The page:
The current General Plan for the City of Inglewood is outdated. Six of the seven elements were adopted in the 1980s and 1990s and have not been updated since that time. As the City has continued to grow and evolve since the last update, much of the data, analyses, and policies in these elements do not reflect the current conditions and priorities in the City. Thus, a comprehensive update of the General Plan is necessary to reflect current conditions as well as the community’s vision for development within Inglewood over the next 20 years.


What is the Update Process?
The update process will include the following steps over a period of approximately two years, beginning in early 2006.

• Phase I Document Existing Conditions
• Phase II Conduct a Visioning Process
• Phase III Develop a Land Use Plan
• Phase IV Formulate General Plan Goals and Policies
• Phase V Prepare Updated General Plan
• Phase VI Prepare an Environmental Impact Report


The first step in updating a General Plan is to understand where the community is today and what the major issues are. This will involve an analysis of the current conditions pertaining to the City, including its land use, economy, housing, circulation, etc. This information is compiled into a Technical Background Report, and will be used as the basis for the formulation of the updated General Plan and the Environmental Impact Report. The Technical Background Report was completed in August 2006 and is available for review now.


During this task, the consultants and City Staff will meet with community stakeholders and the general public to establish a vision and guiding principles that will be used to formulate policies for each General Plan topic. An example of a guiding principle may include the preservation of existing single-family neighborhoods or the development of walkable commercial districts. These principles will be based on the issues identified in the Technical Background Report, and other issues and opportunities determined important by the community stakeholders and general public. A series of community workshops and stakeholder interviews will be held throughout the City. Check the General Plan Events section for these upcoming community workshops.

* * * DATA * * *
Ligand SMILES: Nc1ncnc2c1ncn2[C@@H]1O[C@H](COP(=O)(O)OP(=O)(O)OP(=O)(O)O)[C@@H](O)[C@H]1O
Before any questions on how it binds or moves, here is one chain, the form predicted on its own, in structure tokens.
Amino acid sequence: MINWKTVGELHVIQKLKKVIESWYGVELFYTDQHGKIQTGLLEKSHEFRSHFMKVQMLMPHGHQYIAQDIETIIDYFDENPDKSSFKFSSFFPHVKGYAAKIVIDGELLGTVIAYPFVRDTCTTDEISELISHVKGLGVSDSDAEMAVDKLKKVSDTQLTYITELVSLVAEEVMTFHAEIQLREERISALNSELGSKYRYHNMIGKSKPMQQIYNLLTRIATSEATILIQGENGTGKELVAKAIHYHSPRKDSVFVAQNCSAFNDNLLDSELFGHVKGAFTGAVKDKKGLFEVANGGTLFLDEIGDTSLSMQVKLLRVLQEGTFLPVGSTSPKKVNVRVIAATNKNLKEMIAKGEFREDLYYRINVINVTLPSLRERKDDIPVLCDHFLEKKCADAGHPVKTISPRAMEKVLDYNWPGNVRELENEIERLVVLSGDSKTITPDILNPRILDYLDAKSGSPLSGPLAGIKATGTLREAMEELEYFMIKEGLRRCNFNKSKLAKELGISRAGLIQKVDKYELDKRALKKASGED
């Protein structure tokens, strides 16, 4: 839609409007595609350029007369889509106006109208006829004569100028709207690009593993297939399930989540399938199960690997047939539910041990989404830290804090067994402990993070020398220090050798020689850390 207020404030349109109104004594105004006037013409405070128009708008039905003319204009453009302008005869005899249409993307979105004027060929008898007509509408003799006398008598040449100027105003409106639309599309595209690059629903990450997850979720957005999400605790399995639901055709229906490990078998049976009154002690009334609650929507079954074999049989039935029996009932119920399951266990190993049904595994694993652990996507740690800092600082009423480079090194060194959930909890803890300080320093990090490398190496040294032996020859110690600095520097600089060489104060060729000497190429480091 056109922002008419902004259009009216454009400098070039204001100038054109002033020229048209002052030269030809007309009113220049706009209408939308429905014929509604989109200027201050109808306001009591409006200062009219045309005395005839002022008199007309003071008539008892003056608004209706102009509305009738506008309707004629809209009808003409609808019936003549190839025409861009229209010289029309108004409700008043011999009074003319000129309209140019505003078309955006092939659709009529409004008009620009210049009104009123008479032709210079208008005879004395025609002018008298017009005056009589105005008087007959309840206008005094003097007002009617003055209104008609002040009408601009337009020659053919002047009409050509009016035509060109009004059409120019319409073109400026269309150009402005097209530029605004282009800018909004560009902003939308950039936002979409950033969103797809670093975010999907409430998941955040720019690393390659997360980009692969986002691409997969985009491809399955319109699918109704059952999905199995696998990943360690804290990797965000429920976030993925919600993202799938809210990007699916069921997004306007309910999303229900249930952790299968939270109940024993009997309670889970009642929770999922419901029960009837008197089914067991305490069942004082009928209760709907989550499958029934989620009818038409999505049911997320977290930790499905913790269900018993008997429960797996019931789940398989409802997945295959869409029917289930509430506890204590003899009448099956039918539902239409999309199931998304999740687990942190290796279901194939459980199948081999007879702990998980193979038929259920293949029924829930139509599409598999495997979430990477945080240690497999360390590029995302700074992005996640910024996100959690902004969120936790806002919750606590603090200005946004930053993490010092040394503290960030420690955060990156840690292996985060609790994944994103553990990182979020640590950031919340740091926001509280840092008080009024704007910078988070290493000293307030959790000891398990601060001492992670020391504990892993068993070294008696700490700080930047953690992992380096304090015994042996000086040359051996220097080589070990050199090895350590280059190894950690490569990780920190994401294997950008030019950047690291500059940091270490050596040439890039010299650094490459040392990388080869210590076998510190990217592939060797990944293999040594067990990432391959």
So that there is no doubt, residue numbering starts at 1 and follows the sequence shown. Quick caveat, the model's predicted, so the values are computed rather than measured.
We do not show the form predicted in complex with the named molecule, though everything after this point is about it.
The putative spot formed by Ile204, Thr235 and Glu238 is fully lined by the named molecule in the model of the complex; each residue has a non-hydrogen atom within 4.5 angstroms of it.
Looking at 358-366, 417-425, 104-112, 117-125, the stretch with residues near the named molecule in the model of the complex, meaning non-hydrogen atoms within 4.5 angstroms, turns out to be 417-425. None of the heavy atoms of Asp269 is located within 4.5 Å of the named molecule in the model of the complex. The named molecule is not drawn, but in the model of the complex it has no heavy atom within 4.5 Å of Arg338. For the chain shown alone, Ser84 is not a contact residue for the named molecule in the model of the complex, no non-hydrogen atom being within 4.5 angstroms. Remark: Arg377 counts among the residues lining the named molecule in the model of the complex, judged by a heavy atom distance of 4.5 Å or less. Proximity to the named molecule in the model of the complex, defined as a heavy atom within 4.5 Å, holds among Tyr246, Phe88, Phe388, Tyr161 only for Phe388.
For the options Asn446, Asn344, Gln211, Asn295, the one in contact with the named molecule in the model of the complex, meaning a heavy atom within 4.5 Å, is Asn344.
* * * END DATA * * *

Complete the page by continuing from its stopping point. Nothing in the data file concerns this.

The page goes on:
Based on the information from the Technical Background Report and Visioning Process, an updated Land Use Plan will be prepared. This will involve identifying areas of the City where land uses will be preserved, and areas where new development will be targeted. In areas where new development will be targeted, the Land Use Plan will specify what types of land uses are appropriate, including the density and character of uses within these areas.


During this task, goals, objectives, policies and programs will be formulated for each topic of the General Plan. These will reflect the issues, planning principles and land use plan from the preceding tasks. They will also reflect public input, as community workshops will be held to review preliminary drafts. These workshops will also be posted in the General Plan Events section when dates are determined.


Based on the input received from the previous task, a Draft updated General Plan will be prepared. This will be published for public review, and posted on this website along with all other General Plan Reports and Documents prepared throughout this process.


The final task before adoption of the updated General Plan is certification of an Environmental Impact Report (EIR). An EIR evaluates the potential impacts of growth allowed under the updated General Plan on all affected resources. These resources include air, water quality, open space, etc. For those resources that will be negatively impacted, the EIR will recommend ways to reduce or eliminate the impacts. Once the EIR is certified, the updated General Plan will be adopted by the City Council.